Being particularly prevalent in the south, spurge is a common weed to lawns in the US. This low-growing weed can establish itself in a lawn or garden bed, spreading quickly by seed to form a full infestation.
You can kill spurge weeds in a lawn either by digging up the weeds by hand or using a selective post-emergent herbicide. To kill spurge in a garden bed, you also have the option of solarizing the soil or spot treating with a non-selective herbicide. You should follow up the removal with a preventative measure like mulching the soil or treating it with a pre-emergent herbicide for spurge weeds.
What is Spurge?
Spurge is a common annual broadleaf weed that grows in lawns and gardens throughout the US. Although spurge is a summer weed by nature, it can persist into the winter months in warmer climates. This weed is hardy and adaptable, growing well in a range of conditions.
In lawns, spurge is unaffected by mowing as it grows so close to the ground. Lawns with patchy or thin grass and poor quality soil are the most susceptible to spurge weed infestations; when your lawn is struggling, spurge can move in and quickly take over, smothering the remaining healthy grass. This is also a common weed to find in garden beds, landscape beds, and in the cracks of sidewalks.
What Time of Year Does Spurge Grow?
Spurge is a summer weed, growing most vigorously in warmer temperatures. Depending on where you live, you may see spurge growing in your yard at any point from February to September.
Spurge will begin growing when soil temperatures in your area reach 60°F. At this temperature, the spurge weed seeds will begin to germinate. The weeds will establish themselves and continue to grow throughout summer; spurge will keep growing until temperatures drop and the first frost of winter occurs.
Because of this growth habit, spurge is often more of an issue for those in the south. The warmer weather in the southern states provides this weed with a much longer growing season.
Types of Spurge Weed
Spurge is a large, diverse genus of plant, with there being roughly 2000 different species within this family.
In the US, the most common types of spurge weed include:
- Spotted spurge/prostrate spurge
- Creeping spurge
- Petty spurge/milkweed
- Nodding spurge
Spurge weeds typically grow low to the ground, having stems with oppositely-arranged leaves. When you break these leaves, they will release a milky sap that can cause irritation to your skin and eyes. Spurge also grows one main, long, central root called a taproot.
Spotted Spurge/Prostrate Spurge
The most common type of spurge is spotted spurge, also referred to as prostrate spurge. Spotted spurge can be toxic to pets and wildlife if they consume a large amount of the weed. These weeds are identifiable by the maroon-colored spot or line that runs down the center of their leaf veins.
Spotted spurge typically grows horizontal stems, growing as a groundcover weed. However, the stems may also grow upward when the weed is under competition for light with other plants. These stems are purple or pink; this feature makes spotted spurge easily distinguishable from other spurge weed species.
Creeping spurge is a type of spurge that grows small white flowers. You can differentiate this type of spurge from spotted spurge as creeping spurge weeds do not have any markings on their leaves.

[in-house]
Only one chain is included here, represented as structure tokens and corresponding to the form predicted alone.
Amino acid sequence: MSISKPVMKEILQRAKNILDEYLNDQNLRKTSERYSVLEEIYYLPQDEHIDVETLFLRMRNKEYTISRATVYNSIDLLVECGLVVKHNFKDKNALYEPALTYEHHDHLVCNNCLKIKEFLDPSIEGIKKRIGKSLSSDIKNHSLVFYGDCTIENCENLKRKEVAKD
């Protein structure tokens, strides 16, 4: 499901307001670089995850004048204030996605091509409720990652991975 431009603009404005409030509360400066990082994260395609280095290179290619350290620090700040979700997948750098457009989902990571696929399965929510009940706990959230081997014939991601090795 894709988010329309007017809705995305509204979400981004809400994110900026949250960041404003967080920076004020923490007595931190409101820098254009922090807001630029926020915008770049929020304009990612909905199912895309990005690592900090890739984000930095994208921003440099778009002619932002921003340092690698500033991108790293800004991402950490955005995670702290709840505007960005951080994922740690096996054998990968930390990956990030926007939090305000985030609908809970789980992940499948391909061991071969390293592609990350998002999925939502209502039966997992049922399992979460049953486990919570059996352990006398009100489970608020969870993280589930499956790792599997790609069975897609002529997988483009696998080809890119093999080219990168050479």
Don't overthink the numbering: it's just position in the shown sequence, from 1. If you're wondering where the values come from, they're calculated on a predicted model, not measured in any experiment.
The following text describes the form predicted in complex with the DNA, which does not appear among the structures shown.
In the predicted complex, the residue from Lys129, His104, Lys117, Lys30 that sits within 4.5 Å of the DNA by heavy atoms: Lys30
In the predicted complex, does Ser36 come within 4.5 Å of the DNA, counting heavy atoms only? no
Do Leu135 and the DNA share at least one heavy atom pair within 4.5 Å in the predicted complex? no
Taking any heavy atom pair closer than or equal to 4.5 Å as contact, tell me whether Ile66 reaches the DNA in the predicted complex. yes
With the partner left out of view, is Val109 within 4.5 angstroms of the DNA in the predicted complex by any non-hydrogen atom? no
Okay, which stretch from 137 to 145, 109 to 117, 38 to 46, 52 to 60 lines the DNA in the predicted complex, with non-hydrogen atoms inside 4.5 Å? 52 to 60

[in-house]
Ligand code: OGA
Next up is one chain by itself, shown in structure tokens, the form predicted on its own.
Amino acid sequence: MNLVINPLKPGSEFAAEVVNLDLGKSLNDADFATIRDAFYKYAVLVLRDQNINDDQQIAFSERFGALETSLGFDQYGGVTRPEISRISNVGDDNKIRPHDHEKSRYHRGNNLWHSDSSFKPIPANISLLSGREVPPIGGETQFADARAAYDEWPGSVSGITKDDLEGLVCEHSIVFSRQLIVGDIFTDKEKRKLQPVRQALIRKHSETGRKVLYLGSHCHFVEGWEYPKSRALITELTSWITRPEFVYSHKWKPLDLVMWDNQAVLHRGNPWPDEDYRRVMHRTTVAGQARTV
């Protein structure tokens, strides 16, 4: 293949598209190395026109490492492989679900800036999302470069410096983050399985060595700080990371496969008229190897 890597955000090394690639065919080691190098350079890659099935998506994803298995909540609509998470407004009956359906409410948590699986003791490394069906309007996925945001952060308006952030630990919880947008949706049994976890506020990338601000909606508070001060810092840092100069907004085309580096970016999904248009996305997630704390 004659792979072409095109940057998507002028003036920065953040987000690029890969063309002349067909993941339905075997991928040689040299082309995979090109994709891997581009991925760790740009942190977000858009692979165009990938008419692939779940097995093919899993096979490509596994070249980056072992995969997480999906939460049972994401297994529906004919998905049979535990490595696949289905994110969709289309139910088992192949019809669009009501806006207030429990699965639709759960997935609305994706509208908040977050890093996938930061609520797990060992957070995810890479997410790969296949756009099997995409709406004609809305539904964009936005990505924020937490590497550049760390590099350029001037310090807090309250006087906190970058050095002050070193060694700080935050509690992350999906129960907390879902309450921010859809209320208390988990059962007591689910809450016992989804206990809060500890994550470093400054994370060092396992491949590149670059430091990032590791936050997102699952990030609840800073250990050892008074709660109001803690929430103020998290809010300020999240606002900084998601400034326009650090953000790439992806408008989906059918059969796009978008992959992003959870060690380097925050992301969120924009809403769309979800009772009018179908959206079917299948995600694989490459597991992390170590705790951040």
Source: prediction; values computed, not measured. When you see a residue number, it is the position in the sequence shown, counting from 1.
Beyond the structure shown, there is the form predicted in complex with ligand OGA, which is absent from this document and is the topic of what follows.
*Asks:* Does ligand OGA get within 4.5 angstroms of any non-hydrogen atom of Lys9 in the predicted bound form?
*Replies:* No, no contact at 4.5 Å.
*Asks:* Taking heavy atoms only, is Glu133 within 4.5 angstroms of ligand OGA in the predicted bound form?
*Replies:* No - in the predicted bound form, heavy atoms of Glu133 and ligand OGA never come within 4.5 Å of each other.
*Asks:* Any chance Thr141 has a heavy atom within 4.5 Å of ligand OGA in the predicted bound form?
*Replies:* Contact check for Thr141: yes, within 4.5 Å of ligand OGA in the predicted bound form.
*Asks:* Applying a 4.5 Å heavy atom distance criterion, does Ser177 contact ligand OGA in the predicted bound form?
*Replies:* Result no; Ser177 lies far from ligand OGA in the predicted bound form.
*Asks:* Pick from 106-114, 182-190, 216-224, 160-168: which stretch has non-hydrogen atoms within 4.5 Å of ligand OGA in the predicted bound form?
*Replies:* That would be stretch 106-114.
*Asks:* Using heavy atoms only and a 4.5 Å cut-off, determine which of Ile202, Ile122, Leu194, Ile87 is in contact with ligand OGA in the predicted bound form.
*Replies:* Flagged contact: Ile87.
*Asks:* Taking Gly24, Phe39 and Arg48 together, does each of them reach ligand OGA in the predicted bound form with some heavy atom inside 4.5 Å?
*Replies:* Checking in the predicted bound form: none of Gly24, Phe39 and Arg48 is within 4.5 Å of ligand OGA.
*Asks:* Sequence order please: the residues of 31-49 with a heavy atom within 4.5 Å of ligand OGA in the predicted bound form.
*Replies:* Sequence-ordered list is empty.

Creeping spurge grows prostate to the ground, forming stems that can reach up to 20 inches long. On these stems are egg-shaped, slightly hairy leaves; the leaves of creeping spurge can be light green, pale red, or white in color.
Petty spurge most often grows in garden beds, around shrubs, or near buildings. This type of spurge weed thrives in moist, shady soils.
Petty spurge has thin pale green leaves. The leaves of this spurge weed can be oval, round, or egg-shaped. Petty spurge also grows small yellow flowers that are held in bunches of its leaves.
Nodding spurge thrives in dry, poor-quality soil in areas with full sunlight. Gravel, sand, or clay soils are all typical growing locations for this type of spurge.
Nodding spurge grows pink to reddish-colored stems. This spurge has oblong leaves that are green in color, sometimes having a red spot in the leaf’s center. Occasionally, nodding spurge weeds can be entirely reddish-green.
How to Kill Spurge
You can kill spurge in a lawn or garden bed by hand-pulling or treating the area with a selective herbicide. For garden beds, it’s also possible to kill spurge by solarizing the soil or spot treating the weeds with a non-selective herbicide.
Dig Up Spurge By Hand
Providing the infestation isn’t too severe, it’s possible to get rid of spurge by hand pulling the weeds. This method is most effective if you carry it out before the spurge weed goes to seed.
1. Moisten Soil
Give the lawn or garden a light watering to moisten the soil before attempting to hand pull. This step will significantly reduce the labor involved in the removal process. It also reduces the risk of parts of the spurge’s roots breaking off into the soil during the removal.
2. Put on Protective Clothing
Put on protective clothing like gloves, long pants, and a long-sleeved shirt. Spurge weeds release a milky sap that can cause irritation if it gets into contact with your skin.
3. Pull Up Spurge
Use a trowel to dig down and loosen the soil around the taproot of the spurge weed. Grasping the weed at its base, gently but firmly pull up on the spurge to remove the entire plant and its taproot. Make sure to leave no part of the weed or its roots in the soil. Continue pulling until you’ve removed all of the spurge you can see.